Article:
Bicycle miscellany

A reader once criticized us for not writing enough about bicycles. It’s true: we don’t write enough about bicycles. Not sure why this is. Not topical enough? (“Breaking: bicycles still the most efficient mode of transportation known to man.”) But it’s a slow news week, so here’s a bunch of fun stuff.

Filed under “Anything You Can Do, I Can Do Better”: a video of an entire household being moved by bicycle. Including a 20-foot boat. As a display of community spirit, the video is awesome. As an argument against car culture, it’s fairly ambiguous. Mainly it seems to demonstrate that fossil-fuel powered vehicles can be pretty useful. Nevertheless, the movie is a nice reminder that bicycles are a lot more versatile than we credit them for.

Filed under “Urban prank”: Via Wired, this video of a pedal-powered Buick Regal ends in unintentional comedy when the “car” is pulled over by a befuddled traffic cop. Particularly nice if you’re a fan of Canadian accents (and who isn’t?).

Filed under “Navel gazing”: I never followed up on my long-ago post about buying a touring bike. I ended up with a Trek 520. Why? Because they had one in my size in the store, and the clerks all seemed in love with it. Maybe not the most scientific decision process, but the bike is awesome, so no complaints. The only modification I’ve made is the addition of a brass bell to the handlebars, which has proven to be fairly effective at clearing tourists out of my path when I come tearing over the downslope of the Brooklyn Bridge. So far the bike has just been for commutes. Hopefully I’ll put some touring miles on it this summer.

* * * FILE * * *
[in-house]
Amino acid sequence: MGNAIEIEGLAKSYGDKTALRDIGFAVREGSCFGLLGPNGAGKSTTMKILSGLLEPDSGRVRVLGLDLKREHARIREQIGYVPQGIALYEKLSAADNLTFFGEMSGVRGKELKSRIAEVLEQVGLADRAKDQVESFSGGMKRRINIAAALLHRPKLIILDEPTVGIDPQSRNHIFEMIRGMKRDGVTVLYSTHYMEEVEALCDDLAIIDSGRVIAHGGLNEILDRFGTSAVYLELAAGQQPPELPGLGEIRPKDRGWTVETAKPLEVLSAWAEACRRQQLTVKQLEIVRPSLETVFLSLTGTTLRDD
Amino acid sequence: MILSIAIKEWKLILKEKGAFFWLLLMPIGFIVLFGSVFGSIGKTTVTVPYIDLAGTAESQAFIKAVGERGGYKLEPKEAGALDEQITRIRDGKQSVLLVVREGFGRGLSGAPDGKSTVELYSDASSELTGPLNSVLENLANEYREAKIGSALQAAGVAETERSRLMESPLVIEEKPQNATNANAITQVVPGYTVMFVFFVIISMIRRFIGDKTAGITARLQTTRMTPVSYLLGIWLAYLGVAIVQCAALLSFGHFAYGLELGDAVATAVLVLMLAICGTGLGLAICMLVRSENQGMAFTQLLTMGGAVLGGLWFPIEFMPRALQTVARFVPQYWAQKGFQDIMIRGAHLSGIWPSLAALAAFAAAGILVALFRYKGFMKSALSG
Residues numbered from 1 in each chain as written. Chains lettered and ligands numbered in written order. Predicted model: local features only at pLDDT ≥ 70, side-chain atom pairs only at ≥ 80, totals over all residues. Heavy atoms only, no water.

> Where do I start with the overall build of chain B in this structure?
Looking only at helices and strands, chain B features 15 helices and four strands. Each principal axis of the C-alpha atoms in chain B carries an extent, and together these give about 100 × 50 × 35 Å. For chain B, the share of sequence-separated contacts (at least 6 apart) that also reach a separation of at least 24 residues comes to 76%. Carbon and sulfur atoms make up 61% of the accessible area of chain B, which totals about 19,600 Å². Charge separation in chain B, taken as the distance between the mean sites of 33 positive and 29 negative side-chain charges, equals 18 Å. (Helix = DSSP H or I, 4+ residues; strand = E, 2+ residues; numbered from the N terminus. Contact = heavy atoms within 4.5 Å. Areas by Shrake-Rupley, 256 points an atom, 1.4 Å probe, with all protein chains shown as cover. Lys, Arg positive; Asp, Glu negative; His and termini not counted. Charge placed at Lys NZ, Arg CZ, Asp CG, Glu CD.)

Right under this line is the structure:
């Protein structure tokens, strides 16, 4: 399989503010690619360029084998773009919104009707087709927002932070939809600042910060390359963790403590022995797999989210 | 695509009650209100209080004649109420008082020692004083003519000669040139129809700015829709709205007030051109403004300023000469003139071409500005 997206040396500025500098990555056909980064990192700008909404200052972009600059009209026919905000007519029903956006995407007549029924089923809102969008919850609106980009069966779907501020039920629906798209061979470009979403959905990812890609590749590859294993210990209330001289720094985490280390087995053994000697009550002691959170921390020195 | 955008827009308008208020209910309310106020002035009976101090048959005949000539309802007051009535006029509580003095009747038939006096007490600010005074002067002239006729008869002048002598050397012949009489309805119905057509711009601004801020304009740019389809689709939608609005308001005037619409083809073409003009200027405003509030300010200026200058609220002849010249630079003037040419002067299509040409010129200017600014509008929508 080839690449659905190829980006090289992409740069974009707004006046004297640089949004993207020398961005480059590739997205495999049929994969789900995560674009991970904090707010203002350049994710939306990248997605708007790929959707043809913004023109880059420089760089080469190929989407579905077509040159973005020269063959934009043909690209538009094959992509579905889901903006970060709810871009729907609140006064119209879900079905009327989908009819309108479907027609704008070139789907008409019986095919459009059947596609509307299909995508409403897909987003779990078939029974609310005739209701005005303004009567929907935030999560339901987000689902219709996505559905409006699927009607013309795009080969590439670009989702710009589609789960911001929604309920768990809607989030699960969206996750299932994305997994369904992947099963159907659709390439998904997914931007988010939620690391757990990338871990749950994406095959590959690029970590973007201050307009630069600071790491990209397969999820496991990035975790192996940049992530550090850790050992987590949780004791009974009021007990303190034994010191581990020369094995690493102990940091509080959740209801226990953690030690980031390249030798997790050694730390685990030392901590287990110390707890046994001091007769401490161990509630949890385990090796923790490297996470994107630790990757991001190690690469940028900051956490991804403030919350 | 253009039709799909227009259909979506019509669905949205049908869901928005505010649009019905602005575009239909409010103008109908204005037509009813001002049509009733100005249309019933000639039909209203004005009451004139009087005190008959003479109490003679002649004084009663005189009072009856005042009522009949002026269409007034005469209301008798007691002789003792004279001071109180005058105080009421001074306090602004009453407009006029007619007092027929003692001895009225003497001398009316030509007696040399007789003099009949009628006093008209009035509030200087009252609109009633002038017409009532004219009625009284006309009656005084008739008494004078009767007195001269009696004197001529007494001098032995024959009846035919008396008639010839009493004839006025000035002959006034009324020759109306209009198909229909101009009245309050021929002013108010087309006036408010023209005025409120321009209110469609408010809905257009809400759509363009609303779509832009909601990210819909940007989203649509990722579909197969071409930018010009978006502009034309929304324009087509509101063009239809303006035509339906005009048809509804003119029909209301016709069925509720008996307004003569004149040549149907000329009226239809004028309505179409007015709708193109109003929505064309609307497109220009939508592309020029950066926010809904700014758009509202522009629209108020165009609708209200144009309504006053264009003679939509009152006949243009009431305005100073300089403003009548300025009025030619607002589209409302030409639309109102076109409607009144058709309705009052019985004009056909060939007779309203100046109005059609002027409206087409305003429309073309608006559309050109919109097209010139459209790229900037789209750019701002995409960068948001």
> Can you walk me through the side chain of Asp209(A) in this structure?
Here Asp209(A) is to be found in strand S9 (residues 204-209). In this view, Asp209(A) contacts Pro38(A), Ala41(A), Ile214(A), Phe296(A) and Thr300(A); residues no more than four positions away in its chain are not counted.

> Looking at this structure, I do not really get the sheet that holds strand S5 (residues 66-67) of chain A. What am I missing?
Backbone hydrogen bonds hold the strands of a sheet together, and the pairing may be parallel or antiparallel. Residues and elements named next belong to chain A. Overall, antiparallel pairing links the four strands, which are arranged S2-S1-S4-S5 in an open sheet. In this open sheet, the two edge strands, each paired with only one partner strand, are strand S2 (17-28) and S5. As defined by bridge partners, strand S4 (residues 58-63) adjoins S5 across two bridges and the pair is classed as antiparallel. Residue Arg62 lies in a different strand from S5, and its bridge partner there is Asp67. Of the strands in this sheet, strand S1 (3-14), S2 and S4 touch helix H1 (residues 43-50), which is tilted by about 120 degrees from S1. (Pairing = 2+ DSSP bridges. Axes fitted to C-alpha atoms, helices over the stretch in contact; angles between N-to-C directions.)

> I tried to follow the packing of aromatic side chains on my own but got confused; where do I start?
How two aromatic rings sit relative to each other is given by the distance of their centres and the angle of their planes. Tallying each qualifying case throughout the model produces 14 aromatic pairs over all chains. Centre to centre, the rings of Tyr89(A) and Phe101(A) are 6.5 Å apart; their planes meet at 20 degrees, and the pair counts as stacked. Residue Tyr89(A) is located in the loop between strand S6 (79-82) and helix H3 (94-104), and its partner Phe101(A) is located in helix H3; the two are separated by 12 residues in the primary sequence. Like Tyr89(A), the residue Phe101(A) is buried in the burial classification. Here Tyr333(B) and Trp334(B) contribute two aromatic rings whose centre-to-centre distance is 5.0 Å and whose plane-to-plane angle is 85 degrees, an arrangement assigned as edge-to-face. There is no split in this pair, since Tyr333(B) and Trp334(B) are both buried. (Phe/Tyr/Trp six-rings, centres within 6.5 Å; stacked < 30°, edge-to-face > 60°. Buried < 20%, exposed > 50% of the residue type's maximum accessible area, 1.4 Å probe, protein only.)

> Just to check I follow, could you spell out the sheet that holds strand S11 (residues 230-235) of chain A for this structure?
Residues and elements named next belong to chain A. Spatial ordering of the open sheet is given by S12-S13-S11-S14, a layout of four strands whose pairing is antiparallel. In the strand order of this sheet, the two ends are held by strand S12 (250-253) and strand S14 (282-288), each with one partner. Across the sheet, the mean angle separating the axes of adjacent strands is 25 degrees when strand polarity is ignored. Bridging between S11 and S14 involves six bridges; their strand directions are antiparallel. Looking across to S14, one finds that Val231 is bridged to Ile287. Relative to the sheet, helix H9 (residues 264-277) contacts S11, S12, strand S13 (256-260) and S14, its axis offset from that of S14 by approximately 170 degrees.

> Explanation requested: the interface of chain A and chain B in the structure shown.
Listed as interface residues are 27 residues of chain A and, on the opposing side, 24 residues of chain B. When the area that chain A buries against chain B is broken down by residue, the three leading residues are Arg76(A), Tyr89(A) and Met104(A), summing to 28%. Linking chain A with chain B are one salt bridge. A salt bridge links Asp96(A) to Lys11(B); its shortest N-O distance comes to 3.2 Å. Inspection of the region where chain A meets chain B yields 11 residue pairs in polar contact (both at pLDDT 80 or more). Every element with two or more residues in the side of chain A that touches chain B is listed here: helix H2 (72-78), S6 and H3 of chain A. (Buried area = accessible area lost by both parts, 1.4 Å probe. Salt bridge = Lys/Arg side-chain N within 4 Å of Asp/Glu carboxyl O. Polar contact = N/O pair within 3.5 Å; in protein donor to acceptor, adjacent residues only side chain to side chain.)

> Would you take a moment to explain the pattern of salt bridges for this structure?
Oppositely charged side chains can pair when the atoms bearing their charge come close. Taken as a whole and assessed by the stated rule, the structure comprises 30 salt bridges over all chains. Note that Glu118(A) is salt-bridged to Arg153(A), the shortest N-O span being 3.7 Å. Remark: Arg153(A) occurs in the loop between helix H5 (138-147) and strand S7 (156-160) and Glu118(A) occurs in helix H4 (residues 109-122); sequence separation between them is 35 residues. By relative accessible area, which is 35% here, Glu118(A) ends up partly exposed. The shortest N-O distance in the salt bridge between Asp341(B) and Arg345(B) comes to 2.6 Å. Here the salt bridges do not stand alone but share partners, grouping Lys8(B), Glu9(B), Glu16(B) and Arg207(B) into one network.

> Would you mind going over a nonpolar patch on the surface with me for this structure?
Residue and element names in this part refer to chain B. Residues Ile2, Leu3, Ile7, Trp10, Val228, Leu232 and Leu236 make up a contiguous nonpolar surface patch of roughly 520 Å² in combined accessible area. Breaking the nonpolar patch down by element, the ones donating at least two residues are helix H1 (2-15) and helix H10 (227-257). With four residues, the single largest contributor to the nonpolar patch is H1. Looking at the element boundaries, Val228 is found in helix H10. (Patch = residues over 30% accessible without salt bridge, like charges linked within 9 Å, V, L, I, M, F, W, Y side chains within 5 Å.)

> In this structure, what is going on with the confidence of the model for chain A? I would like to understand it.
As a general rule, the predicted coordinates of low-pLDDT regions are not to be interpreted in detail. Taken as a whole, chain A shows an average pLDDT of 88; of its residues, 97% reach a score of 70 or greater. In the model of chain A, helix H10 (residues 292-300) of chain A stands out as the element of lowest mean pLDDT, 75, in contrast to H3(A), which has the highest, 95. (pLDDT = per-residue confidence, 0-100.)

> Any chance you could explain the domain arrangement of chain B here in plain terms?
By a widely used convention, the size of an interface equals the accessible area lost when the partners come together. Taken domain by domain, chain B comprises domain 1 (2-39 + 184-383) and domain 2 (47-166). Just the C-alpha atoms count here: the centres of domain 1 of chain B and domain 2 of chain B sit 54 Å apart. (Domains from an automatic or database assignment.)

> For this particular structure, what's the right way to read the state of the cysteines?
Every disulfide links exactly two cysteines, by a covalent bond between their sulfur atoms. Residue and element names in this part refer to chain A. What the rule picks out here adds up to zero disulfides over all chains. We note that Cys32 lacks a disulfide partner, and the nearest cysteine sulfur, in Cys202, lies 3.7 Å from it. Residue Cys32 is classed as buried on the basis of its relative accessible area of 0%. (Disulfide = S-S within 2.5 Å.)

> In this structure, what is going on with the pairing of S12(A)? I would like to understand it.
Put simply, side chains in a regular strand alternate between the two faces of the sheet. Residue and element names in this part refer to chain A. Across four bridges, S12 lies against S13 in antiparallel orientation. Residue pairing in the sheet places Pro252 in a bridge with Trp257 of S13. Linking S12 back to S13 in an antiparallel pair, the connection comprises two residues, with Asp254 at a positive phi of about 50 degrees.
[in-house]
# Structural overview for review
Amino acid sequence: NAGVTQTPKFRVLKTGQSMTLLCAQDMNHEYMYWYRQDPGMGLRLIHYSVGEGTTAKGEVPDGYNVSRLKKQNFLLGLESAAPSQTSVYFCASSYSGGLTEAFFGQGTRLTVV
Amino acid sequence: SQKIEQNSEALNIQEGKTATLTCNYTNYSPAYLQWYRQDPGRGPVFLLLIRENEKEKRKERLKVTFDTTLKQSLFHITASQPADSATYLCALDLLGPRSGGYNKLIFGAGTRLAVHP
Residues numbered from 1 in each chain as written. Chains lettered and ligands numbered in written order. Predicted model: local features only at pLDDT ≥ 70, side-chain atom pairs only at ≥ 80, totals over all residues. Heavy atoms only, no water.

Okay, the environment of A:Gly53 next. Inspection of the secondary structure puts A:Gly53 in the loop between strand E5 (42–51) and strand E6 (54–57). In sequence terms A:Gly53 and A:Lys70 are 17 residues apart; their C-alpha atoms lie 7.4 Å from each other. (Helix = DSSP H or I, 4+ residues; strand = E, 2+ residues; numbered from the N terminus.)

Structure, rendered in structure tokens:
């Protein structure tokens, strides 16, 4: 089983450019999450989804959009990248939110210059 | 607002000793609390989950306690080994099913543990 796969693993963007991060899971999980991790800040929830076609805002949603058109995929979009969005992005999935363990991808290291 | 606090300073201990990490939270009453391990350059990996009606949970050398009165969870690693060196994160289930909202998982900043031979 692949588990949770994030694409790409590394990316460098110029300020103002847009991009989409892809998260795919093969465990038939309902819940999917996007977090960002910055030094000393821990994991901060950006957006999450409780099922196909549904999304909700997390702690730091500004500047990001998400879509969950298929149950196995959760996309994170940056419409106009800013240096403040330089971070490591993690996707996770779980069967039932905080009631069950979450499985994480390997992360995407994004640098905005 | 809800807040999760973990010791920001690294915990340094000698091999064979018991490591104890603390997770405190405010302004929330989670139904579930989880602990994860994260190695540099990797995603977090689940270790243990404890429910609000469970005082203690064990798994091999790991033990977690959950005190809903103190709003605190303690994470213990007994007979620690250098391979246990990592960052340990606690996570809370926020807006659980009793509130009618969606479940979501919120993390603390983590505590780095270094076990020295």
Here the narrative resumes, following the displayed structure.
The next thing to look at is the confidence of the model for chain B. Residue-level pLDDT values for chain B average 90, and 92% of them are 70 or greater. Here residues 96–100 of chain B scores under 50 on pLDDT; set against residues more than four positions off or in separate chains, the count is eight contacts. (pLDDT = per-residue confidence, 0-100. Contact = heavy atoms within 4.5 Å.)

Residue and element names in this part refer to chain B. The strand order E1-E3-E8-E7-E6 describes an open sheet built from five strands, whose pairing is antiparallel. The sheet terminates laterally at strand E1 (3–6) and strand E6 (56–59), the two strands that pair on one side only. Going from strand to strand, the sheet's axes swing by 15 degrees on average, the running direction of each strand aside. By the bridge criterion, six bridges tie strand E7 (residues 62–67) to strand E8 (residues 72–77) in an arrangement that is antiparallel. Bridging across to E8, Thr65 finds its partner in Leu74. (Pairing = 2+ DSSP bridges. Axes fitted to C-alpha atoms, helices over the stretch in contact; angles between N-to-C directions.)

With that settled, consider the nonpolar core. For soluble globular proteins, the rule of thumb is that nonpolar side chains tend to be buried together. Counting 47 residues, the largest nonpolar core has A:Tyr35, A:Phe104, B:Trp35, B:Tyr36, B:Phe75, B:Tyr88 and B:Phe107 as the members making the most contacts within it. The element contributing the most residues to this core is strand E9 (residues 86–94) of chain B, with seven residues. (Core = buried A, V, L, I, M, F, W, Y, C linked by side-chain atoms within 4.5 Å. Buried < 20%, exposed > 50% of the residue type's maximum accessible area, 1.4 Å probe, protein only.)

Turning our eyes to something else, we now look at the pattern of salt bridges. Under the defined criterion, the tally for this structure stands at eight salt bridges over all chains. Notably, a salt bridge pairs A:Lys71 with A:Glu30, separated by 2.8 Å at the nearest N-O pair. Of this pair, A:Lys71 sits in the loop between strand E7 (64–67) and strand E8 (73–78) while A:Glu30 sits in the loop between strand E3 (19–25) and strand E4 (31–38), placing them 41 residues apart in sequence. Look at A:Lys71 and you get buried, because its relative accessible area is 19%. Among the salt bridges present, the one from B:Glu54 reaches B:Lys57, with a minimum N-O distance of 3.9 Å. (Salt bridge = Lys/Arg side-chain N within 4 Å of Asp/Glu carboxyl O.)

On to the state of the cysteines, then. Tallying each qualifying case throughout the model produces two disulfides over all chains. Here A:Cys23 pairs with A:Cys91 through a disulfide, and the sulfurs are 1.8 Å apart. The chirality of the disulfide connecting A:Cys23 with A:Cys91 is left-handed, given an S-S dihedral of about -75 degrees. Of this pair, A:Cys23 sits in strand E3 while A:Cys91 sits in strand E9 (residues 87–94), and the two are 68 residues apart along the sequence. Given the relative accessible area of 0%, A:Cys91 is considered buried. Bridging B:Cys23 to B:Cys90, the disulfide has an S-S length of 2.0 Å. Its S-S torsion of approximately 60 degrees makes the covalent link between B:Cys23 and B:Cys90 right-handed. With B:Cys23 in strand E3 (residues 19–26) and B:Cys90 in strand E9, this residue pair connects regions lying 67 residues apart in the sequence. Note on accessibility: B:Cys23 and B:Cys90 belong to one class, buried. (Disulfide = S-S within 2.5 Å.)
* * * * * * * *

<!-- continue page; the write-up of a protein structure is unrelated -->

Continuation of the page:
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  1. Betsy - January 2, 2008

    And you might want to see this artist move a giant painting http://www.youtube.com/watch?v=T6sHUcsuMNI on his unicycle.

  2. David - January 9, 2008

    Bicycles aren’t trivia or navel-gazing, they are the most efficient human powered form of transportation on the planet, and probably a very key part of the solution to global warming and reduction of dependence on fossil fuels. Although I don’t need to buy a carbon offset for miles I don’t drive, anymore…

    Bonus: exercise, fresh air, a chance to see and appreciate and take sense of stewardship for my local environment as I commute each day. Sometimes I ride alongside others from my neighborhood who are headed the same way! Would that we could all do this more often together.

    I realize it is kinda radical for the suburban soccer mom minivan driver. But check out the bike trailer, bike add-on contraptions and other options. And realize the choices we make about where to live, work etc. have a web of consequences. Carefully consider how to optimize and reduce your carbon footprint, and realize it is a direction to move rather than a destination to arrive at.

  3. Adam Stein - January 9, 2008

    David —
    Another innovation I’m optimistic about is the hybrid bicycle. I think batteries will get to the point pretty soon that hybrids will open up cycling to a large class of people who are presently afraid of the things.
    – Adam

  4. Judith - January 23, 2008

    I used to ride my bicycle hundreds of miles. I’m older now and have been given for my 60th birthday a Yamaha 125cc motorscooter. It’s a 4-stroke engine which is better for the environment and gets 70mpg. I have reduced my carbon footprint by almost 400 miles since August, riding my scooter instead of my car. Can you design a terrapass for scooters?